Most firewalls failed to detect the presence of the “ILOVEYOU” virus. Firewalls require a priori knowledge of network addresses corresponding to proscribed servers to effectively filter out potentially bad packets. Therefore, infected emails were delivered and unwittingly opened by unsuspecting users, creating a flood of infected message traffic.
Therefore, there is a need for an approach to efficiently screening a multiplicity of substantially duplicate message packets transiting the boundary of a network domain. Such an approach would preferably check the headers of incoming messages by checking the contents of structured fields for contents indicating the presence of a virus, malware and other forms of bad content.
There is a further need for an approach to screening transient messages at in conjunction with conventional antivirus scanner. Preferably, such an approach recognize readily-discoverable characteristics indicative of an infected message and would decrease the load on the antivirus scanner. Such an approach would further provide pro-active antivirus measures, including packet discarding and early connection closure.
The present invention provides a system and method for screening incoming message packets at the boundary of a network domain. Each incoming message packet is intercepted and parsed. The contents of each field in the header of an incoming message are matched against blocking rules. The blocking rules screen for readily-discoverable characteristics indicative of an infected message. Screened non-infected messages are enqueued into a message queue for event-based scanning by an antivirus scanner. Infected messages are discarded and the connection to the client from which the message originated is closed.
An embodiment of the present invention provides a system and a method for providing dynamic screening of transient messages in a distributed computing environment. An incoming message is intercepted at a network domain boundary. The incoming message includes a header having a plurality of address fields, each storing contents. A set of blocking rules is maintained. Each blocking rule defines readily-discoverable characteristics indicative of messages infected with at least one of a computer virus, malware and bad content. The contents of each address field are identified and checked against the blocking rules to screen infected messages and identify clean messages. Each such clean message is staged into an intermediate message queue pending further processing.
A further embodiment provides a system and method for efficiently detecting computer viruses and malware at a network domain boundary. An incoming message packet is received from a sending client at a network domain boundary through an open connection. The incoming message packet includes a header including fields, which each store field values. The field values are parsed from each field in the header of each incoming message packet by extracting tokens representing the field values. The tokens are compared to characteristics indicative of at least one of a computer virus and malware to identify screened incoming message packets. Each screened incoming message packet is forwarded.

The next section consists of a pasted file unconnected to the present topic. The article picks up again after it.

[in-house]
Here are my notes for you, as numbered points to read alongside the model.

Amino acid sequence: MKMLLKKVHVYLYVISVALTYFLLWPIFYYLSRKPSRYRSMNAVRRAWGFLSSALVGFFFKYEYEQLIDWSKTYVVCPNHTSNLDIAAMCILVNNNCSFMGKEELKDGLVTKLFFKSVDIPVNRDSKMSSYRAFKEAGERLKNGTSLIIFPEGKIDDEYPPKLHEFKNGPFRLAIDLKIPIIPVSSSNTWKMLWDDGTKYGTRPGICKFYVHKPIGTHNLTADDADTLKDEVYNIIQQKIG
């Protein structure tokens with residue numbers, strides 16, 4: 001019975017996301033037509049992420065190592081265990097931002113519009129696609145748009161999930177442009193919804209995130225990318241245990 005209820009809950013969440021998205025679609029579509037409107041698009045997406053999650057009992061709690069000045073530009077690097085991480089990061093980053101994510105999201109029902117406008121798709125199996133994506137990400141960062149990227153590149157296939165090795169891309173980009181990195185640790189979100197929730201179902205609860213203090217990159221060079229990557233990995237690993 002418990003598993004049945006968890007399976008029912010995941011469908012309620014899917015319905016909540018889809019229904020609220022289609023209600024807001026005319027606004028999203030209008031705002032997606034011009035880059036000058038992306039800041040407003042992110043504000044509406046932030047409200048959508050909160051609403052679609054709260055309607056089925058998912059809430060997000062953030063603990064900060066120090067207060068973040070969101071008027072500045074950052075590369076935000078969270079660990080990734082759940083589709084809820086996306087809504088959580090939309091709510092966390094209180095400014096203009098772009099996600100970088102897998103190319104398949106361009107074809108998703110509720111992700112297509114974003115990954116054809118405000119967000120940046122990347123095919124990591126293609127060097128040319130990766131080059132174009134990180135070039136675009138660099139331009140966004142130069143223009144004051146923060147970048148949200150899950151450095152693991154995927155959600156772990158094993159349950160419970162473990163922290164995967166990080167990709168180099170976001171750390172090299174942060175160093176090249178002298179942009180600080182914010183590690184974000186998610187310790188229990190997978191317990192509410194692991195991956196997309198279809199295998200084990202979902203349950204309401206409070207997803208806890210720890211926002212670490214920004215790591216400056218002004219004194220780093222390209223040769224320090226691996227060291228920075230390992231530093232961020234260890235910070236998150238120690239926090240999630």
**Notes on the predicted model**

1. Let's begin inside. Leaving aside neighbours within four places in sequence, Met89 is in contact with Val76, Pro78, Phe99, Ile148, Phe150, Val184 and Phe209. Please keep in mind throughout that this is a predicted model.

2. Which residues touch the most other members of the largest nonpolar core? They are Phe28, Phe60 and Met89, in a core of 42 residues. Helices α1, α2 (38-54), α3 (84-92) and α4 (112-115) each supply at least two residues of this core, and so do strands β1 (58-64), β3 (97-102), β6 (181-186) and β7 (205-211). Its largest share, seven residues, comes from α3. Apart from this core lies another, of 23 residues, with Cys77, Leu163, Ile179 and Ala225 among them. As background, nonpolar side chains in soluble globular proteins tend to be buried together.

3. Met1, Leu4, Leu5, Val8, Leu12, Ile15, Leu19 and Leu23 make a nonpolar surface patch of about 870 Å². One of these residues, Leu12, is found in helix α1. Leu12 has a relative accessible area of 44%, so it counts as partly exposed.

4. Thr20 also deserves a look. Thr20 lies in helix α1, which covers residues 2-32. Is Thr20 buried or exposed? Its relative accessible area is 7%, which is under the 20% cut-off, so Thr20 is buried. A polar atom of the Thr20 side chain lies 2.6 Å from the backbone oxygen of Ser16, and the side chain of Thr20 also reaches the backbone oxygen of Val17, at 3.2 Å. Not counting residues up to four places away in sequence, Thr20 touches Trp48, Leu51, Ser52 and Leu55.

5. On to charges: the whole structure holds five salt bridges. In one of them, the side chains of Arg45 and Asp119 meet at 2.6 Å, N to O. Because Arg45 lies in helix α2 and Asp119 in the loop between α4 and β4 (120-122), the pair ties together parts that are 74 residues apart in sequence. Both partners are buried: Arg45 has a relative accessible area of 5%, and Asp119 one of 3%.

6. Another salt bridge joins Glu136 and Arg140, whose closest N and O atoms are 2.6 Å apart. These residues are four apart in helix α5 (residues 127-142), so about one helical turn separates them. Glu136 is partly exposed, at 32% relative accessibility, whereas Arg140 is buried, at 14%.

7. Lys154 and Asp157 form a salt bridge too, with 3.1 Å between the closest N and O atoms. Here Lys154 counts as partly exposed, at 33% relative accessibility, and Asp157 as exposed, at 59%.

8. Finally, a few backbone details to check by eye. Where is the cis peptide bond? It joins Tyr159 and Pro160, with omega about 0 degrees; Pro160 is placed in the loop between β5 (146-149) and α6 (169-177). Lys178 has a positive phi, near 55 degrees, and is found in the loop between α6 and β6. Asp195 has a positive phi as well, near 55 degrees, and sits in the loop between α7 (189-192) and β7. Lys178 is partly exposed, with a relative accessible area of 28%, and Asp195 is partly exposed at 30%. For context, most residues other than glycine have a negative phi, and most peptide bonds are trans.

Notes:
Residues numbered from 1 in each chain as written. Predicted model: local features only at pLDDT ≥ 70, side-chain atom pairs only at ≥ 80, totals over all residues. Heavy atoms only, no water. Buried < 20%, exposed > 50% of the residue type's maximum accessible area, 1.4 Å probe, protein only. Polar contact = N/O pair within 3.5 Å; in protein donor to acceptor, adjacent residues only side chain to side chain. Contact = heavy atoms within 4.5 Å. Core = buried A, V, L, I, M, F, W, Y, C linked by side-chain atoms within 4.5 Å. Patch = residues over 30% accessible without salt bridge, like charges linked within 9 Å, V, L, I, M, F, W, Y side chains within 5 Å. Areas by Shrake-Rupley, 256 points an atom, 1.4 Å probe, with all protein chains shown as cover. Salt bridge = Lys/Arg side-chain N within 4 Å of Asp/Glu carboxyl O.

Still other embodiments of the present invention will become readily apparent to those skilled in the art from the following detailed description, wherein is described embodiments of the invention by way of illustrating the best mode contemplated for carrying out the invention. As will be realized, the invention is capable of other and different embodiments and its several details are capable of modifications in various obvious respects, all without departing from the spirit and the scope of the present invention. Accordingly, the drawings and detailed description are to be regarded as illustrative in nature and not as restrictive.
The individual servers 12 and clients 11 a–b externally connect to one or more remote servers 17 and remote clients 19 over the internetwork 16 via the gateway 15. The gateway 15 operates as a store-and-forward packet routing device, which processes a high volume of packet traffic transiting across the network domain boundary. The gateway 15 provides an efficient solution to interfacing the individual servers 12 and clients 11 a–b to external systems operating over the internetwork 16. Optionally, a firewall 20 can provide limited security to the intranetwork 14 by providing filtering of packets originating from unauthorized users. Other network topologies and configurations are feasible, as would be recognized by one skilled in the art.